The hulking character actor sheds light on three decades in the film business, and much more, in his new memoir.
You know bald, burly Patrick Kilpatrick from dozens of tough guy roles, but he started his career as a writer.
The man who later stood toe to toe with the likes of Arnold Schwarzenegger, Pam Grier and Bruce Willis once worked as both a journalist and magazine ad scribe.
He doesn’t see writing as being much different from the career he’s called his own for nearly 30 years – character actor for hire.
“The processes are very similar .. if you’re going to write successful advertising, you place yourself empathically in [the shoes of] who’s going to buy a product. It’s somewhat akin to the process of acting,” Kilpatrick says.
The actor brings his career full circle with “Dying for Living: Sins & Confessions of a Hollywood Villain & Libertine Patriot,” captures his colorful career arc.
It’s the first of a two-part memoir, the second installment hitting bookstores next year. The confessional tomes revisits his time in Hollywood, his complicated youth and anecdotes from his endless hours staring down the industry’s biggest stars
The writing came easily for him, given his background. The hard part? The “endless proofing,” he says. After all, a career with 170-plus films and TV show appearances doesn’t edit itself.
The character actor’s extensive resume includes films like “Minority Report,” “Eraser” and “Death Warrant.” Along the way he’s bumped into leading men who didn’t know their lines and endured pay disparities that run afoul of Hollywood’s progressive groupthink.
“I’m always grateful I continued to work … I was sometimes chagrined by the fact that the guys I’d go head to head with … got vastly superior amounts of money,” he says. “I’m not crying the blues … there’s no bitterness attached to this,” he says.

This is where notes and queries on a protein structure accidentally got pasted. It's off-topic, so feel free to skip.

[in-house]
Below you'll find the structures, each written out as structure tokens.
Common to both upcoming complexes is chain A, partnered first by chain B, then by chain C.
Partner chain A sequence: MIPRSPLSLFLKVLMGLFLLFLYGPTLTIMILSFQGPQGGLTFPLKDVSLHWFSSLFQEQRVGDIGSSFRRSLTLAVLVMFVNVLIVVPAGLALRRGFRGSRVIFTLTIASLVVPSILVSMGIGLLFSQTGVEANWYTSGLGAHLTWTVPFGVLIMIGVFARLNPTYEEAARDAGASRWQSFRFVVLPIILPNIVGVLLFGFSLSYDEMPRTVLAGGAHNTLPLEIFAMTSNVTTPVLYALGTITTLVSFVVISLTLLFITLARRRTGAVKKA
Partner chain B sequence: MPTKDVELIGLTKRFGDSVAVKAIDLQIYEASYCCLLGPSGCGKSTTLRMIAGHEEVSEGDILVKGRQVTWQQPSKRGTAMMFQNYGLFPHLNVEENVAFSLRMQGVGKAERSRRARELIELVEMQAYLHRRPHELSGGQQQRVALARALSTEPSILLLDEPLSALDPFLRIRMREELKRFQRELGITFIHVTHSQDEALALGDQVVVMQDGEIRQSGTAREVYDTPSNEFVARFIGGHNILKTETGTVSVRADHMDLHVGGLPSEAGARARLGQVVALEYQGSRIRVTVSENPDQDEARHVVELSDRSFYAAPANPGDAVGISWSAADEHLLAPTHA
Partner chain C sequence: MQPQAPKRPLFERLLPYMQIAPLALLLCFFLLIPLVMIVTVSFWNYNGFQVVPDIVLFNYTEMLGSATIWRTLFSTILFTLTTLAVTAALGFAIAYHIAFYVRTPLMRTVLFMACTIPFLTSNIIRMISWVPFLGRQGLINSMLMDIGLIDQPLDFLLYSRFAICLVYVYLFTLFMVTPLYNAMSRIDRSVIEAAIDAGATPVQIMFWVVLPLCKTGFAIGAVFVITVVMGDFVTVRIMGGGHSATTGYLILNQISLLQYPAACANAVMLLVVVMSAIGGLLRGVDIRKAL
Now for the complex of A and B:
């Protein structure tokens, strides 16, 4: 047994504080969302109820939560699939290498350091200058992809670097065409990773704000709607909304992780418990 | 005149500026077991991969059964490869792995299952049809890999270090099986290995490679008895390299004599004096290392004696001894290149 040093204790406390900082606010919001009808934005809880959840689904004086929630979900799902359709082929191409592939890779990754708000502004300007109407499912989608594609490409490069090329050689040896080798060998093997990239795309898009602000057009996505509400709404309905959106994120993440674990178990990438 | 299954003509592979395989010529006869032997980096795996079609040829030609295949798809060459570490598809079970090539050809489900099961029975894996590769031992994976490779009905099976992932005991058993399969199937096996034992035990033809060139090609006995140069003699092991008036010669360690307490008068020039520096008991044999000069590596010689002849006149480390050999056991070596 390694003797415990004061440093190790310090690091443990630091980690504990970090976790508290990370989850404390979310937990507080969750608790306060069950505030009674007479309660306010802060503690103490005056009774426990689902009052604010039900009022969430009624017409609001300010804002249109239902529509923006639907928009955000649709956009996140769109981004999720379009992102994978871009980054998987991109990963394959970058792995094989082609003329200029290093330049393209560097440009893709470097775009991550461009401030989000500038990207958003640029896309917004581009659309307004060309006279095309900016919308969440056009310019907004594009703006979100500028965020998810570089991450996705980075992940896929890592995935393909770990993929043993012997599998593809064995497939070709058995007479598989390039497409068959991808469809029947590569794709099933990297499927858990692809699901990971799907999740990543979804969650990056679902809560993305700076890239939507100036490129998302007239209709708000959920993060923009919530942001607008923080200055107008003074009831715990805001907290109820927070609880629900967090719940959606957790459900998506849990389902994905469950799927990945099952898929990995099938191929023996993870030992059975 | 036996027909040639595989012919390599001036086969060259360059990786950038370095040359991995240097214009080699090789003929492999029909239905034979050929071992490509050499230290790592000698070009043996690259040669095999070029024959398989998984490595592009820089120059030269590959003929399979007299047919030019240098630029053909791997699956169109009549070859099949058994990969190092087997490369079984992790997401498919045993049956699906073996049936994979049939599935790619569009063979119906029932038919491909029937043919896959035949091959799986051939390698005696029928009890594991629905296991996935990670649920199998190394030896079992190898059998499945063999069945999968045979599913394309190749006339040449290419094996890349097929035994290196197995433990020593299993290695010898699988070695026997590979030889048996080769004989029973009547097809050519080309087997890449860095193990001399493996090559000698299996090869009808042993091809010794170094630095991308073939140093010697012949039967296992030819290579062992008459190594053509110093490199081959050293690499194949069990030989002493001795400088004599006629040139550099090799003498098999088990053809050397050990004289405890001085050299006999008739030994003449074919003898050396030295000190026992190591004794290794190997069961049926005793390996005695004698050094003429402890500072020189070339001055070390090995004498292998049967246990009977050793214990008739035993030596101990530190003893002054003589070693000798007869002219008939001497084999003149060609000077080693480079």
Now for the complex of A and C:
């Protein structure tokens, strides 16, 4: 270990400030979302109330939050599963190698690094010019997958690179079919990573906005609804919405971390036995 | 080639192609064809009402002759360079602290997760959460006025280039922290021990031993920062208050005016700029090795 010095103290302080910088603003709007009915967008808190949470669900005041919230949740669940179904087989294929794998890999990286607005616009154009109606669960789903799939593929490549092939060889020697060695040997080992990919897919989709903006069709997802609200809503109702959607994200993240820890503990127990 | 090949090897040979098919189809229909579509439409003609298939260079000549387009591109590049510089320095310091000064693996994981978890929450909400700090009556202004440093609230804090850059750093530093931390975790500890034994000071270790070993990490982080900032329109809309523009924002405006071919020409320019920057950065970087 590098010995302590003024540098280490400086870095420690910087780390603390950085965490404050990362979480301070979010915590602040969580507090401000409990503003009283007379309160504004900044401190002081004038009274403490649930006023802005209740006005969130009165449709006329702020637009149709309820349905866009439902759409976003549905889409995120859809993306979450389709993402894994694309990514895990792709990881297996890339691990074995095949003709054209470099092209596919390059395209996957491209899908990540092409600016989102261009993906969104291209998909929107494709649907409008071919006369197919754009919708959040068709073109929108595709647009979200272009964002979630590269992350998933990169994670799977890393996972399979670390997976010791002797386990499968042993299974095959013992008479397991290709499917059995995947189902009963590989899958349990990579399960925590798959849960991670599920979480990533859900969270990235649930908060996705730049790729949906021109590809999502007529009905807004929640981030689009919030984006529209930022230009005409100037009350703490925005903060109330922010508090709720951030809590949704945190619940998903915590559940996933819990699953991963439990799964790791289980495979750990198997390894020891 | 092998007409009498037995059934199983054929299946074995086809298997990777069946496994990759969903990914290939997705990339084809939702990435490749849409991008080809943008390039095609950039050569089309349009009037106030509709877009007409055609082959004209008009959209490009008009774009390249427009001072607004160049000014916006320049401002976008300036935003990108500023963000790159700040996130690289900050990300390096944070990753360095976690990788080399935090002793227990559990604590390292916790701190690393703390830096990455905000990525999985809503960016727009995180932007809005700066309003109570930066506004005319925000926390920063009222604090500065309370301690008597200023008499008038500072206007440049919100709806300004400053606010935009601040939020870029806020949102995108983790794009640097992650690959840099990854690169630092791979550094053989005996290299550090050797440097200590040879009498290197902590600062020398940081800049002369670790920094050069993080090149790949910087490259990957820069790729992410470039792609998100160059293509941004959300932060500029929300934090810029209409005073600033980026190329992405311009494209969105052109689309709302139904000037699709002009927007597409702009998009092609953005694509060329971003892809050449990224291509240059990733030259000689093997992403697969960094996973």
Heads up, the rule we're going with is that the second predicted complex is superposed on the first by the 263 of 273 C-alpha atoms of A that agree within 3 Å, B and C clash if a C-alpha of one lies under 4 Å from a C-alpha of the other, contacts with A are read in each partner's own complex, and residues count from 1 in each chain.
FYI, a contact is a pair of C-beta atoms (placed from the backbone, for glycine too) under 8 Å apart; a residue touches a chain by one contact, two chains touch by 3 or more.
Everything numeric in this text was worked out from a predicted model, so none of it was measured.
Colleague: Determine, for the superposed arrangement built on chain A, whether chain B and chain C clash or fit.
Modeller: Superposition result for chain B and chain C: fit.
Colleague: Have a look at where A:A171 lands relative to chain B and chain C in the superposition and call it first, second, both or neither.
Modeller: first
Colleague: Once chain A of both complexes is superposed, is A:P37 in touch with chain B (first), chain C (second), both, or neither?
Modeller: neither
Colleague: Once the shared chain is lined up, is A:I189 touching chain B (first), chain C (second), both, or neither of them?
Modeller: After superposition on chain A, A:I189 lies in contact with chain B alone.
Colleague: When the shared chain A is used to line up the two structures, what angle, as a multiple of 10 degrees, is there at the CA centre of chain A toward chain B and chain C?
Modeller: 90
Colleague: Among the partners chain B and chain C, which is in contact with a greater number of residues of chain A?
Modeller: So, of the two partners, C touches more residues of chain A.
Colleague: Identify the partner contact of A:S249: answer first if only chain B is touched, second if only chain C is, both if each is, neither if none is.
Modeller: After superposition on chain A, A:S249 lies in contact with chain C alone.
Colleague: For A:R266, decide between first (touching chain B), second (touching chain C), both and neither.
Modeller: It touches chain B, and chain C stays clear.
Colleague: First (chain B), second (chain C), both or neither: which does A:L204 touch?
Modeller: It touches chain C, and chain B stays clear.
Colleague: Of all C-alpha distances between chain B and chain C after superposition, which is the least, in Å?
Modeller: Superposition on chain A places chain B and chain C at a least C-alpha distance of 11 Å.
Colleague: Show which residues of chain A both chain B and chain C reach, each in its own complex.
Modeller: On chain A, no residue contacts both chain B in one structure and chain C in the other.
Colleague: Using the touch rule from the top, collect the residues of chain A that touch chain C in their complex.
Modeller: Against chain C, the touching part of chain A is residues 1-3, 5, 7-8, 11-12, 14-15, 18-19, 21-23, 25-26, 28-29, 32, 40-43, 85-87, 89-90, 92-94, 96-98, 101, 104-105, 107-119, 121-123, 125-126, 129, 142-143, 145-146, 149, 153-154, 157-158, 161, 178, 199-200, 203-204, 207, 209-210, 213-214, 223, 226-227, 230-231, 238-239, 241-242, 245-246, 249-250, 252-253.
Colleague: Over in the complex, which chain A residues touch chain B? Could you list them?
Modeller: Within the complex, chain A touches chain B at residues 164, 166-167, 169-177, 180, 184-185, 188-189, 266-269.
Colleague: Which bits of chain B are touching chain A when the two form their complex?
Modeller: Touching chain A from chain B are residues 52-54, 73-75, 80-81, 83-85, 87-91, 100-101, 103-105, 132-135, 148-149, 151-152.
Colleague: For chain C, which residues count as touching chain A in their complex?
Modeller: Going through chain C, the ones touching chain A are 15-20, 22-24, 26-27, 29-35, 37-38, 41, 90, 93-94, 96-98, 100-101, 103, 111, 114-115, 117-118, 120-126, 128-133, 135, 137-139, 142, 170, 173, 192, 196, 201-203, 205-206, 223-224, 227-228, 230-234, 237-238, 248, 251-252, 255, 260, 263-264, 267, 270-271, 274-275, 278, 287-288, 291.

“If I was quarterback of the team, I’d make sure my lineman were paid significantly well,” he adds.
Then again, the biggest stars endure such dramatic career shifts it’s a challenge to process it all.
“Movies is a really strange business. It’s grace infused, but also hellbent with a lot of hypocrisy,” he says. “You’re a god in one place and a piece of excrement in another. It’s a bizarre world most people aren’t equipped for.”
His memoir, he says, addresses it all “in a ruthlessly loving manner.” It also shares the actor’s right-of-center politics, details that almost didn’t make the final edit.
“When I first wrote the book I had politics in there, and my agent said, ‘take the politics out.’ Then Trump was elected and they said, ‘put the politics back,’” he says.
The memoir reflects his take on Hollywood’s Leftist views, founded on “anti-American and anti common sense and intellectually dishonest” arguments.
“It’s ironic that people talking about the McCarthy Blacklist will instantly isolate and sever from someone who doesn’t embrace the orthodoxy of liberalism,” he adds.
The actor describes himself as socially liberal, a man who entered Hollywood as an “Eisenhower Democrat.”
“It doesn’t take much to be perceived as pro right wing [in Hollywood],” he says. “This place would turn anybody right wing. It’s so crazy left … you have to laugh at it. I take it with a lot of fun.”
He addresses director Oliver Stone’s brand of Leftism in “Dying for Living,” including Stone’s Showtime series “The Untold History of the United States.”
“I revere him as a filmmaker,” he says, but watching his series and its “fundamentally wrong ideas” didn’t sit well with him.
“They create cynicism about the American experiment,” he says.
Up next for Kilpatrick? The tentatively titled, “Active Shooter,” a project that reflects his ability to go beyond acting credits. He’s the writer and director, but it’s taking time to tame the 500 hours of footage already shot for the project.
“It’ll be brilliant or it won’t be released,” he says of a film probing the mind of an active shooter.
Kilpatrick has no intention of retiring from acting. If anything, being on screen for decades has sharpened his craft.
“You’ve confronted so many varieties of situations, nothing really throws you,” he says. “I came to acting with a lot of gifts. Not all by my design. [I had] the mind of a writer and an athlete’s body.”
Now, with so many credits on his resume, “I think I’m at the height of my acting powers right now,” he says.